In the words of Henry Wadsworth Longfellow: “Great is the art of beginning, but greater is the art of ending.” Everything in life has a beginning, middle, and end. Beginnings are easy to spot. Middles are peppered with highs, lows, and humdrum routines. Endings can be hard to accept, long anticipated, or completely unexpected. Yet, endings are inevitable, and to end something well helps prepare you for what’s next.
There is an art to ending a chapter in our lives and thus to saying goodbye. Mr. Longfellow and I are not referencing the cheery “ba-bye” our beloved airline attendant offers to each passenger that exits the aircraft. Nor are we addressing the “so long” expressed to co-workers at the end of the workday. The goodbye I am referencing is the one that comes with gut wrenching acceptance of something lost while moving forward with your life . . . and toward a new beginning.
Make no mistake, saying goodbye can be the most difficult solution to a problem. But, there will be a time that ending a relationship, whether personal or professional, is the only choice you have. Saying goodbye well is to step with confidence across the line you have drawn between past and future. A “good” goodbye announces to others, and more importantly to yourself, that you are ready for the next adventure.
If goodbyes can be characterized as skillful or good, that means they can also be described as bad or inept. Ghosting is a wretched way to end a relationship. For those unfamiliar with the term, ghosting, with its genesis in electronic communication, describes the phenomenon of leaving a relationship by abruptly ending all contact with the other person—no goodbye, no nothing, just silence. Ghosting leaves unfinished business on both sides. Unresolved matters in one relationship are likely to resurface in the next.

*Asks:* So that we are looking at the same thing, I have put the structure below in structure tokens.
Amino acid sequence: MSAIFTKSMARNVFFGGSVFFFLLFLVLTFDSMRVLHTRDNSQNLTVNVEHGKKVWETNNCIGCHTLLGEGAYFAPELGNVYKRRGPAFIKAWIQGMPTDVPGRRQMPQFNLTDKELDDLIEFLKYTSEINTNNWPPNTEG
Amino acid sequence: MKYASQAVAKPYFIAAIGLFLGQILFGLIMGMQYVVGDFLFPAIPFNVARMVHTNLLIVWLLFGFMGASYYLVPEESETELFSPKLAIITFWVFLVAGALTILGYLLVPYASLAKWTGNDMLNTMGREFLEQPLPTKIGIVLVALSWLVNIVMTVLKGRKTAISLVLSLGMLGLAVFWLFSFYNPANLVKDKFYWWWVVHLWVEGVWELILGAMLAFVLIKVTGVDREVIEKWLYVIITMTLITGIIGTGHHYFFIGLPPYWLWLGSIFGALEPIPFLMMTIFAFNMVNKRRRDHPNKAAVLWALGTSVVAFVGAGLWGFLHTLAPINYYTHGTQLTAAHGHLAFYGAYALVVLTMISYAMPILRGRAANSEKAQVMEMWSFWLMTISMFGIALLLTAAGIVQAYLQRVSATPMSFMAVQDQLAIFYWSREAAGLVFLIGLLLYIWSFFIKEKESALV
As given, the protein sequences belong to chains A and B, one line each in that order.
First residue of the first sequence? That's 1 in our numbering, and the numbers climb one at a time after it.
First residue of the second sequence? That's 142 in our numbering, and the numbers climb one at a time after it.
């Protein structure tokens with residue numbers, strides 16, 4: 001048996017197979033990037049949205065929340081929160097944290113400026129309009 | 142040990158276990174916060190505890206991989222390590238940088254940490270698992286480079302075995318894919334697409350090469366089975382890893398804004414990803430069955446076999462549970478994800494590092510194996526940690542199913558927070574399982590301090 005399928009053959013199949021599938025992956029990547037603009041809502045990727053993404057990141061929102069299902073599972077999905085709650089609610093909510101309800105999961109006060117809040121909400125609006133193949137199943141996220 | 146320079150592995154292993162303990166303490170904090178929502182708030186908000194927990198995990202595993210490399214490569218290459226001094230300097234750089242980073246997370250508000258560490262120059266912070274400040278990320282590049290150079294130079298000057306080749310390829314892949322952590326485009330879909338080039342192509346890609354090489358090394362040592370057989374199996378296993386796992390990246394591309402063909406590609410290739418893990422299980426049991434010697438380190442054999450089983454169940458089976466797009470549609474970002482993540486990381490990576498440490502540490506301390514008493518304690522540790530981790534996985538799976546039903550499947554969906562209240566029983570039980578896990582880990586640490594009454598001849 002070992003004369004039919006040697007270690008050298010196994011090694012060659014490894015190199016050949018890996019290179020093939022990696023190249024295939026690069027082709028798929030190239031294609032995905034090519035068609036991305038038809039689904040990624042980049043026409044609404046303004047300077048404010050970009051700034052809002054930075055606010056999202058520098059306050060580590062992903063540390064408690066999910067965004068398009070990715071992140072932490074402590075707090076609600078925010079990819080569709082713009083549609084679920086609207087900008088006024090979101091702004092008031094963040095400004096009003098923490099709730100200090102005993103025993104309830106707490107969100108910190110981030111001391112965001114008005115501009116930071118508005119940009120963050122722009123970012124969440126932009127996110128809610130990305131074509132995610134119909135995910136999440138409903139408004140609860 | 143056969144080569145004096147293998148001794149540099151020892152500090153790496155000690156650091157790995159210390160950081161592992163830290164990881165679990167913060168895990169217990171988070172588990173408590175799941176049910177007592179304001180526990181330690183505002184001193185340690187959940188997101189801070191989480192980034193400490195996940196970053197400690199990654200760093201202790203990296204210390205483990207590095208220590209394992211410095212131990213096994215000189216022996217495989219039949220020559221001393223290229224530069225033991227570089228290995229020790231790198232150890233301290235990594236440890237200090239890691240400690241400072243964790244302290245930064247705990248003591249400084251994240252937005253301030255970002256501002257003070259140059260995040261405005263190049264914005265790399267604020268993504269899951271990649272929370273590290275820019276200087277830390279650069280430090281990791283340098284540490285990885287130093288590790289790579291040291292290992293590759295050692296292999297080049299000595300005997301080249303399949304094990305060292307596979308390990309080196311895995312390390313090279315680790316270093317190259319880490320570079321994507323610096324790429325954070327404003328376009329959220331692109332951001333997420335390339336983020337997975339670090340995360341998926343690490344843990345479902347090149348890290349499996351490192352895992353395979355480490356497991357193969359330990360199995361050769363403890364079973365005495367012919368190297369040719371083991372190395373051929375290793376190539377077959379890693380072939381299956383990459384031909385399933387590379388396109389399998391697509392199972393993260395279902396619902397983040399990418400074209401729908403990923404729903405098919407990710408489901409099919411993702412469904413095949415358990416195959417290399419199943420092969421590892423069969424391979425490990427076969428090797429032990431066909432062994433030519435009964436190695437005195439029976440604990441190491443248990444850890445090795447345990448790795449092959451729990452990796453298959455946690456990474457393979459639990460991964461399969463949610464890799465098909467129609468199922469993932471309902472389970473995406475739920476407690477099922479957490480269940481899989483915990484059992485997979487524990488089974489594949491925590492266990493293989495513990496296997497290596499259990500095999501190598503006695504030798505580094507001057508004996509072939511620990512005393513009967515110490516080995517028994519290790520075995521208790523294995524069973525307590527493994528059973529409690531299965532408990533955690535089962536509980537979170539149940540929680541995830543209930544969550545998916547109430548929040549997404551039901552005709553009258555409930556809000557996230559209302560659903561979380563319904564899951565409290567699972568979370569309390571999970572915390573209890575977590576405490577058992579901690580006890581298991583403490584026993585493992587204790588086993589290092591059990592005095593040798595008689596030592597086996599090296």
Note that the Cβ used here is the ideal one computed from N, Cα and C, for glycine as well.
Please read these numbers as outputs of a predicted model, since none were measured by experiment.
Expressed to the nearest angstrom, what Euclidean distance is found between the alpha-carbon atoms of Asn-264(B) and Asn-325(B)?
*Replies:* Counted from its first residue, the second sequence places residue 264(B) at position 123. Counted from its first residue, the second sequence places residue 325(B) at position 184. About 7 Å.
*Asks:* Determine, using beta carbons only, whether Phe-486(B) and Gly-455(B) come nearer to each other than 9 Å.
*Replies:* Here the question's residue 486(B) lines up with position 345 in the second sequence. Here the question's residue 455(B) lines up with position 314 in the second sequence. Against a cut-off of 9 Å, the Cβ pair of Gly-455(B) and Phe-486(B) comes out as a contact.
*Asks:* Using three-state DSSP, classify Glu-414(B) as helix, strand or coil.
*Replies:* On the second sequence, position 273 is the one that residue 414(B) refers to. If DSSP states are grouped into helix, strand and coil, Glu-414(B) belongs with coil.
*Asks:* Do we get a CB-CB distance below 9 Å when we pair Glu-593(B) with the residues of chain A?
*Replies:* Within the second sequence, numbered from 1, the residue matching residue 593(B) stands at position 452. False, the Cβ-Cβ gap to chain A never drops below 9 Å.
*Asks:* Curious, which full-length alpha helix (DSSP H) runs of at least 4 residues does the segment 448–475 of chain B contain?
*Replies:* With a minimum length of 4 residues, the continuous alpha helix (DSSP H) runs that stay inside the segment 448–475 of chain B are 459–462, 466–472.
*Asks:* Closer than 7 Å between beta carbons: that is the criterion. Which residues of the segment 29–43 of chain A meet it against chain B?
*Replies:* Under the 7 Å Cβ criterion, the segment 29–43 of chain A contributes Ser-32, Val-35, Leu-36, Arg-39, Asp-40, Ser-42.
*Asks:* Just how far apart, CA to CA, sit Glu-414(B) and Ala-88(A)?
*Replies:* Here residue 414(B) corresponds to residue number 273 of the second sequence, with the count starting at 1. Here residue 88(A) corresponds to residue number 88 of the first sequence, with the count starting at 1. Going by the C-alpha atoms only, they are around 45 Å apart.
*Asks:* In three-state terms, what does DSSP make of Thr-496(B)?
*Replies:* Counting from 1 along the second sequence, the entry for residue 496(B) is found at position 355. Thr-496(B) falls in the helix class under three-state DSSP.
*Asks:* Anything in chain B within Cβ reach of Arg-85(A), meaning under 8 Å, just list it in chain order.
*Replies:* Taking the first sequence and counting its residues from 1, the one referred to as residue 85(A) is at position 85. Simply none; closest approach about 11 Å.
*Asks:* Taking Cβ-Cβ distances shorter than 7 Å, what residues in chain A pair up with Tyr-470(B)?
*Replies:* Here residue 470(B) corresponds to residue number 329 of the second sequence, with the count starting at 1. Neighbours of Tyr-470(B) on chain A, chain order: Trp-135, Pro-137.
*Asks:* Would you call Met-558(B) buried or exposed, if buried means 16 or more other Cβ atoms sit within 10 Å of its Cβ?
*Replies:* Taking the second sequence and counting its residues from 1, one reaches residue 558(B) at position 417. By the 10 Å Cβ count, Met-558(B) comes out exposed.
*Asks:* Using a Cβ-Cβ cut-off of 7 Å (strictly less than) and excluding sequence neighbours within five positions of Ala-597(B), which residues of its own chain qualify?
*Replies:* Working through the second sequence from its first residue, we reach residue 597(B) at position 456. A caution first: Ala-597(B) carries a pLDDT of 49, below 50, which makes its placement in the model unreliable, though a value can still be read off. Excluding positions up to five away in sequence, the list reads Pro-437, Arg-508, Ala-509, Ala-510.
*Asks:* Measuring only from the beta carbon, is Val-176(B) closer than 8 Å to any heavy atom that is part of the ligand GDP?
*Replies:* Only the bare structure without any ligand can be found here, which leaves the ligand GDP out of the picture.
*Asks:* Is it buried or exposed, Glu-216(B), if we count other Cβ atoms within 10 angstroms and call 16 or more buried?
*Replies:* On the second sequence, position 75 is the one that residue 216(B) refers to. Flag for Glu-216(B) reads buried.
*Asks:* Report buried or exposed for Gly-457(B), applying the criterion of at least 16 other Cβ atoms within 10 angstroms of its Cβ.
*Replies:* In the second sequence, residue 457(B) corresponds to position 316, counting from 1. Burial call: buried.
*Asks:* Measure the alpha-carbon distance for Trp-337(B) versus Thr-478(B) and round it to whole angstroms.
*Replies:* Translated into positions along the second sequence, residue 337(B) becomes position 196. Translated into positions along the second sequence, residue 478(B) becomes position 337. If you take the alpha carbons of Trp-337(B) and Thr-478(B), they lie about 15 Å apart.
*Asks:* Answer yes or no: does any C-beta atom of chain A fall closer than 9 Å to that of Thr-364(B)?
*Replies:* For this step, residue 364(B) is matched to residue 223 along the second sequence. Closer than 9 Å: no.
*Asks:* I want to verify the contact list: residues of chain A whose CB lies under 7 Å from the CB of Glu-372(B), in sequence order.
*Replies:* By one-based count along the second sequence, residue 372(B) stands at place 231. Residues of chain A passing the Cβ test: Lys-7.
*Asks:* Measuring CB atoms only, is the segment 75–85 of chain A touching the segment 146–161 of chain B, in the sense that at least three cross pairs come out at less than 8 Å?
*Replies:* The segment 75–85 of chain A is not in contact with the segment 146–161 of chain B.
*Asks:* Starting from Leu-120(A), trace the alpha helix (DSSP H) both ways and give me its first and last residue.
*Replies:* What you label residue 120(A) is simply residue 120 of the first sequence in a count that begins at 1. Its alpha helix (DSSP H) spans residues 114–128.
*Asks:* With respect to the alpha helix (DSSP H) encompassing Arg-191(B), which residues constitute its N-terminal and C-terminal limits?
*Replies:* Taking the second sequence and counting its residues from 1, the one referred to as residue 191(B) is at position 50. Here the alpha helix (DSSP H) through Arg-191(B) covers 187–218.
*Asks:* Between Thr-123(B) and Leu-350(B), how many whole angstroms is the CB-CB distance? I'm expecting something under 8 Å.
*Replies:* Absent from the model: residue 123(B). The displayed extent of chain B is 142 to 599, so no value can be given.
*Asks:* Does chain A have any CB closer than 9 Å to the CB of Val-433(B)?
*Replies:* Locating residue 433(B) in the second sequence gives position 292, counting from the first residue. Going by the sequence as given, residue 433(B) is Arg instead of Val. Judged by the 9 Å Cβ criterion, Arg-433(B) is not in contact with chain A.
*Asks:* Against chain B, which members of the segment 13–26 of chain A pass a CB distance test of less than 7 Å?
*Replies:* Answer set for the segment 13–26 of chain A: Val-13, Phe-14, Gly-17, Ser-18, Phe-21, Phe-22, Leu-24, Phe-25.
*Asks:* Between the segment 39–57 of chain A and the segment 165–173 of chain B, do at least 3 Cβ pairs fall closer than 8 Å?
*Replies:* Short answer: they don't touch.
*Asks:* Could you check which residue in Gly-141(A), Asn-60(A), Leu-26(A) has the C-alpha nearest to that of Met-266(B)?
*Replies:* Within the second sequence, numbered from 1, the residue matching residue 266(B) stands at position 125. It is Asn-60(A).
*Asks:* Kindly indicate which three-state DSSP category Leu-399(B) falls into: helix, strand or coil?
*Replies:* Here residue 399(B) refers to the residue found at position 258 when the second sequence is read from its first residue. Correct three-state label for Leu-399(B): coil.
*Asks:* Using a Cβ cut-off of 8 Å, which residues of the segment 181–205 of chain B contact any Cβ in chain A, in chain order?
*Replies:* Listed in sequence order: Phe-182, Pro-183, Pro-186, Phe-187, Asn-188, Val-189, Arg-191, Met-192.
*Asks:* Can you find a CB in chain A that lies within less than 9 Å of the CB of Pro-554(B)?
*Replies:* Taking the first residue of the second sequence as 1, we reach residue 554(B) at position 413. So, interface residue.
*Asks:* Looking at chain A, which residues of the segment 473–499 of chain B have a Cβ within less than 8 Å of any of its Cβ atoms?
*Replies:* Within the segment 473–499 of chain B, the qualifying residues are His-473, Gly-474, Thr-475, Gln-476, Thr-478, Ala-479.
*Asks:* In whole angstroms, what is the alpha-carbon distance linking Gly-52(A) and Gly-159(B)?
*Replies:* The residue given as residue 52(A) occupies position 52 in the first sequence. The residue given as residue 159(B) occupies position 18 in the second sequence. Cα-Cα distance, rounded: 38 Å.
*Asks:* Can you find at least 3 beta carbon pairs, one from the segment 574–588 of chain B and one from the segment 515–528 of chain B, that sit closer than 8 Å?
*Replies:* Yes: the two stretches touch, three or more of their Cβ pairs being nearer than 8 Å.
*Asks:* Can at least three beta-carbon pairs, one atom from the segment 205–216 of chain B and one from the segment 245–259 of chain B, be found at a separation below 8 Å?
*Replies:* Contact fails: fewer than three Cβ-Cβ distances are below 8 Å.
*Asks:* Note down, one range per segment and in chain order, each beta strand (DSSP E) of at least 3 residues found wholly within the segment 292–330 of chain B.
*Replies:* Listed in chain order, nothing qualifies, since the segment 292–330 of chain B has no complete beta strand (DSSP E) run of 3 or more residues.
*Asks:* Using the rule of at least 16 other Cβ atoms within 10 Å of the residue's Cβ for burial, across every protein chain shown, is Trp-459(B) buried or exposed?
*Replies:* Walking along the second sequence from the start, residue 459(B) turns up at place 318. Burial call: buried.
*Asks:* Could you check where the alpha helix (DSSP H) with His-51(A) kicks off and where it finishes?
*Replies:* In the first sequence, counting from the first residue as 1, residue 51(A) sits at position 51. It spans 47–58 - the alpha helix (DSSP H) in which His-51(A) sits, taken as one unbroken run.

Some bridges need to be burned, never to be crossed again. But before you say, “Don’t let the screen door hit you on the way out,” or utter, “Bye, Felicia,” too quickly and with all the snarkiness the internet meme deserves, think twice about interjecting a dismissive sendoff into your goodbye, particularly in a work environment. Why sacrifice years of respect and put your goodwill at risk when you may cross paths again professionally in the future? A “bad” goodbye can leave a lasting poor impression that will be hard to overcome.
Whatever you do, don’t lose heart. Remember, endings signal a fresh beginning. The key to a “good” ending is always to seize the long view, embracing the lessons learned from both the shiny start and tumultuous or mundane middle. Be grateful that the relationship happened. Through the experience, you learned something about your personal “must haves” and “cannot tolerates” to be happy and content. This self-knowledge sets the stage for future relationships and will help you be successful in them.
I’m here if you need me, until then, y’all behave.